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Commentary By Max Schulz

Royalty Pains

The final big-ticket item in new House Speaker Nancy Pelosi's first-100-hour agenda, to be taken up today, is an energy proposal that will do nothing to help achieve long-term energy security. Instead it will merely serve to satisfy Democratic bloodlust about "Big Oil" and the energy industry's recent high profits.

The heart of the Democratic proposal is a stated plan to roll back corporate welfare for oil and gas companies, using those savings to invest in alternative energy technologies. Congressional leaders also want to restructure the royalty payment system for leases in the Gulf of Mexico that they say will fleece taxpayers of more than $10 billion.

In reality, the plan is designed largely to punish oil companies because of their profits, and to continue beating up the Bush administration for supposedly too-cozy ties to the petroleum industry. An additional bonus for Democrats is the irony that the scandal over lost royalty payments traces back not to any oil industry or Bush administration perfidy, but to gross mismanagement on the part of the Clinton administration Interior Department.

Democratic candidates across the country last fall campaigned on repealing the tax breaks to Big Oil that were said to be a prominent feature of the energy bill President Bush signed in 2005. Critics including Rep. Pelosi lambasted the major oil companies for garnering tax breaks they didn't need at a time of rising crude oil prices and record billions in profits.

But, contrary to Pelosi's accusations, the tax breaks in the energy bill were neither requested by, nor included to benefit, Big Oil. In late 2005, at a contentious Senate hearing to investigate skyrocketing gasoline prices, Louisiana's Democratic Senator Mary Landreiu revealed that the tax breaks in the energy bill weren't inserted on behalf of giant companies like Chevron and ExxonMobil. Rather, they were designed to protect the much smaller independent producers and wildcatters, many of whom are located in her home state. Congress's intended beneficiary was Little Oil - the petroleum equivalent of family farmers. Although those breaks aren't subject to repeal in the new legislation, the new House leadership is still determined to assail Big Oil.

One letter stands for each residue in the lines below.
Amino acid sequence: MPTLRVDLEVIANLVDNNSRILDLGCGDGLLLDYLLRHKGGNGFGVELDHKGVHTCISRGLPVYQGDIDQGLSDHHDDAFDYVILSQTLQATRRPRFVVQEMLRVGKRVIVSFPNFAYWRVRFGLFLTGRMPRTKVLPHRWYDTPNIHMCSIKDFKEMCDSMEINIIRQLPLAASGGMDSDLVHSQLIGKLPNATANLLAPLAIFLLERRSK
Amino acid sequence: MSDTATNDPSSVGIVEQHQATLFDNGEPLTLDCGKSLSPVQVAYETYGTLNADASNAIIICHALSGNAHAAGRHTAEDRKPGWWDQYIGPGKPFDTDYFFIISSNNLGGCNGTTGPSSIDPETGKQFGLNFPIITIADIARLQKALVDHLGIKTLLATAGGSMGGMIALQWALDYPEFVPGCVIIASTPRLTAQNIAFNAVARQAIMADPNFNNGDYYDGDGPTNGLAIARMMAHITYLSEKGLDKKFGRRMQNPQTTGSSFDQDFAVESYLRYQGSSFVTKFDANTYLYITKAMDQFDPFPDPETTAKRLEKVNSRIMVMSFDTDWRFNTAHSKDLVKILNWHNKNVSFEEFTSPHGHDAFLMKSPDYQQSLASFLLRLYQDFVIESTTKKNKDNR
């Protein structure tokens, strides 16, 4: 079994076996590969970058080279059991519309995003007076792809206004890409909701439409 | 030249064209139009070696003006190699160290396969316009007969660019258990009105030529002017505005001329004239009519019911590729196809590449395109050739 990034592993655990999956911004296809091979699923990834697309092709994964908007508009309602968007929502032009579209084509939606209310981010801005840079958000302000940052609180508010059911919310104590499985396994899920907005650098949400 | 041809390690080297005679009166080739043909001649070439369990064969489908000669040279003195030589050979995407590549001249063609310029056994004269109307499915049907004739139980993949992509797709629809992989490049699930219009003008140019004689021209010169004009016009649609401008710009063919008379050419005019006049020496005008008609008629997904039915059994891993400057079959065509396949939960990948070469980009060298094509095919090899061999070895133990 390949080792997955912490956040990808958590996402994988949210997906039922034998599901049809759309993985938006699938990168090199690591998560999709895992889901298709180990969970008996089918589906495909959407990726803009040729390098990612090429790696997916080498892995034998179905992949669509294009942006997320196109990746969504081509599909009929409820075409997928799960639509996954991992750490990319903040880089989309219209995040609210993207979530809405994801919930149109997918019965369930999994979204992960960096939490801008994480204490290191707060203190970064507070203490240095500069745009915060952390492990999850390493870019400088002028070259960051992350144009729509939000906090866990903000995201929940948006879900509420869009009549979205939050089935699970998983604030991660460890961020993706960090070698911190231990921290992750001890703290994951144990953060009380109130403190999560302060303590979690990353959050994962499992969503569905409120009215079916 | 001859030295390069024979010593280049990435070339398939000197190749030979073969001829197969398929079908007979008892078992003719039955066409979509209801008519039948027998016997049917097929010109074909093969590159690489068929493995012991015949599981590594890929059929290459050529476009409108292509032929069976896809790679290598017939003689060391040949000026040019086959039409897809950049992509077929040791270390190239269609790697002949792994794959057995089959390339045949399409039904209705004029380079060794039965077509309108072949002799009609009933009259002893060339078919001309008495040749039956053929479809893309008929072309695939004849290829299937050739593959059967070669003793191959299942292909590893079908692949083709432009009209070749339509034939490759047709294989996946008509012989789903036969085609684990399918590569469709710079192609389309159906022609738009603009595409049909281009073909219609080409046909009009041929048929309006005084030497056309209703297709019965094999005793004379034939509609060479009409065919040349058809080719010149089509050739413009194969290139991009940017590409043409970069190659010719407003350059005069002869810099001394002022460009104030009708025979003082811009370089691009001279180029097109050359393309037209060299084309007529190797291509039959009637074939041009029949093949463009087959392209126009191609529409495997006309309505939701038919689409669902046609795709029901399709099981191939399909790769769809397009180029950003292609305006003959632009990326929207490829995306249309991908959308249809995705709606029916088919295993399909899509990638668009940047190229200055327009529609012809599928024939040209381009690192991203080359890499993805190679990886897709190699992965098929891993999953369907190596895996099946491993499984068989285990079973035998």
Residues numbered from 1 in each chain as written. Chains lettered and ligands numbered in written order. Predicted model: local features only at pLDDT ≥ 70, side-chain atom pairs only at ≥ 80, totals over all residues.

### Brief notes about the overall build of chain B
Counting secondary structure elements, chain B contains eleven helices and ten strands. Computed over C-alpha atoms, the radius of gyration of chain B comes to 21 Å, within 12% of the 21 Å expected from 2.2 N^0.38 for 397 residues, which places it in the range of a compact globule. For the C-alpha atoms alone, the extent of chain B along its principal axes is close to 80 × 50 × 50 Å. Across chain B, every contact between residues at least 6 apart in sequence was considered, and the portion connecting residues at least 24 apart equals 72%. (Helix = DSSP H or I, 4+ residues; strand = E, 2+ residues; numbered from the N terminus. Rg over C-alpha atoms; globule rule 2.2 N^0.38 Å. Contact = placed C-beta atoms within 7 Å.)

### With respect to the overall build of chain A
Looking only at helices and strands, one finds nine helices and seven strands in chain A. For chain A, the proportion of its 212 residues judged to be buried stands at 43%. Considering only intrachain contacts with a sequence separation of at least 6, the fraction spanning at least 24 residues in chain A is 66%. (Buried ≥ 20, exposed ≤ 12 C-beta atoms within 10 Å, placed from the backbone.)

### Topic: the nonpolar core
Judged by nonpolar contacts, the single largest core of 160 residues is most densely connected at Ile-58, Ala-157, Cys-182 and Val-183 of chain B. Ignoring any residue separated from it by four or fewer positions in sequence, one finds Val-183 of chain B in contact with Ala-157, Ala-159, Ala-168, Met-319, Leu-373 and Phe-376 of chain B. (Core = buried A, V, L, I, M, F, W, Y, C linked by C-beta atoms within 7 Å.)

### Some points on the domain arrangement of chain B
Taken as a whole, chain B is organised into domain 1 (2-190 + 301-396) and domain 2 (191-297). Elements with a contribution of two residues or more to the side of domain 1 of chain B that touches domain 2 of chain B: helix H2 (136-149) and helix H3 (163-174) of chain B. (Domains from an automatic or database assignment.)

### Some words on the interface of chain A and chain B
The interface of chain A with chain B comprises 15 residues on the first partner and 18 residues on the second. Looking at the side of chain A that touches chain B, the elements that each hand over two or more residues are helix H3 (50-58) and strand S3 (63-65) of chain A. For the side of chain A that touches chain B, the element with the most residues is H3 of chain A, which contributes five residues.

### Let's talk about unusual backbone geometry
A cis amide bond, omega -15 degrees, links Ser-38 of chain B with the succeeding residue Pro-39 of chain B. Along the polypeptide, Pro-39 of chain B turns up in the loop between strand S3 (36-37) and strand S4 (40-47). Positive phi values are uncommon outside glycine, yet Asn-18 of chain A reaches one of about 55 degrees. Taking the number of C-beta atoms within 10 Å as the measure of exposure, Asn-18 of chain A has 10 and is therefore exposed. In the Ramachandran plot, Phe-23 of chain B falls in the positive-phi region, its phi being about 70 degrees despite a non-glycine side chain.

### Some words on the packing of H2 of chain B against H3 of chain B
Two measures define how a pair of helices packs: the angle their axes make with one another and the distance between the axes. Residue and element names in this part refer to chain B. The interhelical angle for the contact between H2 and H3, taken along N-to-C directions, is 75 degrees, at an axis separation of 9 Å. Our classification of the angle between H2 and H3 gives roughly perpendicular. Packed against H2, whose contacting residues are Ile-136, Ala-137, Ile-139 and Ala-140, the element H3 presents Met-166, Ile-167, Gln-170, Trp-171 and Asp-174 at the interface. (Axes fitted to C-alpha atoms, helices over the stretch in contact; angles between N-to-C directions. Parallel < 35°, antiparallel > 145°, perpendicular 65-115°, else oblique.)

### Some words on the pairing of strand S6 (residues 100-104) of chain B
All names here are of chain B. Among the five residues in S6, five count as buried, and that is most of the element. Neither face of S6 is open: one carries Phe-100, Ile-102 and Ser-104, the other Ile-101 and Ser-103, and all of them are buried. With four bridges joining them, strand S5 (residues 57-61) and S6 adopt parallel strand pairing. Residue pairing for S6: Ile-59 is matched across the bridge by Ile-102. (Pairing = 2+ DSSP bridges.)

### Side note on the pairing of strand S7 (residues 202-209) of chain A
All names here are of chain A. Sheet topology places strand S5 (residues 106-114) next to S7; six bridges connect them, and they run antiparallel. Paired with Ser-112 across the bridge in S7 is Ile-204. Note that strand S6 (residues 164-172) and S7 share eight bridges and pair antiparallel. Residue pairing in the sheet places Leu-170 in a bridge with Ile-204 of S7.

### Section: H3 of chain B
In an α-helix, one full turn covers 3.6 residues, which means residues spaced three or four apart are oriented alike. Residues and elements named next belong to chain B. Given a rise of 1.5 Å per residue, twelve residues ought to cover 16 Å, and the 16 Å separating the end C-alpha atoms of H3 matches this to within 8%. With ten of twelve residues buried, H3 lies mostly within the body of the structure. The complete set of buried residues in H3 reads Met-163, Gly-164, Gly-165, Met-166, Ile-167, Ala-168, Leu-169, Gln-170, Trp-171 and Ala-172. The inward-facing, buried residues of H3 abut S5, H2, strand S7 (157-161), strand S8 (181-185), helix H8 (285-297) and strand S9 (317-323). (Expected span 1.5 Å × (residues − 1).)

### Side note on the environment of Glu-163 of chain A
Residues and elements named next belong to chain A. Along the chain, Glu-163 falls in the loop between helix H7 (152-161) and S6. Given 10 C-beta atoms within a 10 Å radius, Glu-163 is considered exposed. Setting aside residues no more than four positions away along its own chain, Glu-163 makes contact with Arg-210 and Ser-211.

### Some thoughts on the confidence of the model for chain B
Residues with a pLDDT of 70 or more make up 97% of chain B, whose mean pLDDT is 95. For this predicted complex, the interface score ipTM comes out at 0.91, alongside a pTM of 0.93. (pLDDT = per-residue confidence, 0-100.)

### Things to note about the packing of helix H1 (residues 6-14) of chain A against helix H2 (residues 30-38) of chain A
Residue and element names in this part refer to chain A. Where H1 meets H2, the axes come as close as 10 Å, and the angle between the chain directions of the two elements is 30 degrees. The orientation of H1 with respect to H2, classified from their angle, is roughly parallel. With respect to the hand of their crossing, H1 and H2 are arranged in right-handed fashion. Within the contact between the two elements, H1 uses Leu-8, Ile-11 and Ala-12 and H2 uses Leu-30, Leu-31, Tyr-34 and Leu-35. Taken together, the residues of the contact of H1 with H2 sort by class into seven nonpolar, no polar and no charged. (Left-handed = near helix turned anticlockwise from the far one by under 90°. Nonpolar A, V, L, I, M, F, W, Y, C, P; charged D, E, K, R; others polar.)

Pelosi & co. are moving forward with a punitive program that serves no purpose other than to score points against an unpopular industry. A chief proposal will repeal the manufacturing tax deduction Congress passed in 2004, but only for oil and natural gas companies. It will remain in place for all other manufacturers and industries.

Another provision aims to rewrite many of the leases that various oil and gas companies agreed to a decade ago to drill in the Gulf of Mexico. As incentive for them to invest in exploration when oil was trading at $10 per barrel, Congress established a program to waive the standard royalty that companies must pay the government. Generally (though the law is garbled on this point) an "escape clause" should be inserted in the lease agreements, eliminating the waiver if the price of oil climbs above $34 per barrel. For reasons that are unclear - and are the subject of a federal investigation - the Clinton administration officials who drew up more than 1,000 leases in the late 1990s failed to include the escape clause language. Now that many of these leases are finally starting to produce, and oil is trading at well over the $34 per barrel threshold, the government is missing out on a royalty windfall. Some companies have agreed to renegotiate their leases. Others insist they have legally binding contracts that they signed in good faith. The problem will be sorted out in the courts, regardless of the steps taken by Congressional Democrats. It's a major screw-up all right, but the culprit is not Big Oil. It's Big Government.

The Democrats' plan of attacks on the oil majors goes from bad to worse with their notion that the ill-gotten gains should instead be invested in renewable energy research. Democrats are proposing a dedicated fund to look for alternatives to oil and gas. Good luck. The federal government has been subsidizing renewable and alternative energies for decades, with little to show for it. Wind and solar power combined provide just a fraction of one percent of the energy we use. Oil, gas, coal, and nuclear do all the heavy lifting in our energy economy. That's not going to change anytime soon, no matter how much the Nancy Pelosi Congress demagogues this issue.

This piece originally appeared in Tech Central Station

This piece originally appeared in Tech Central Station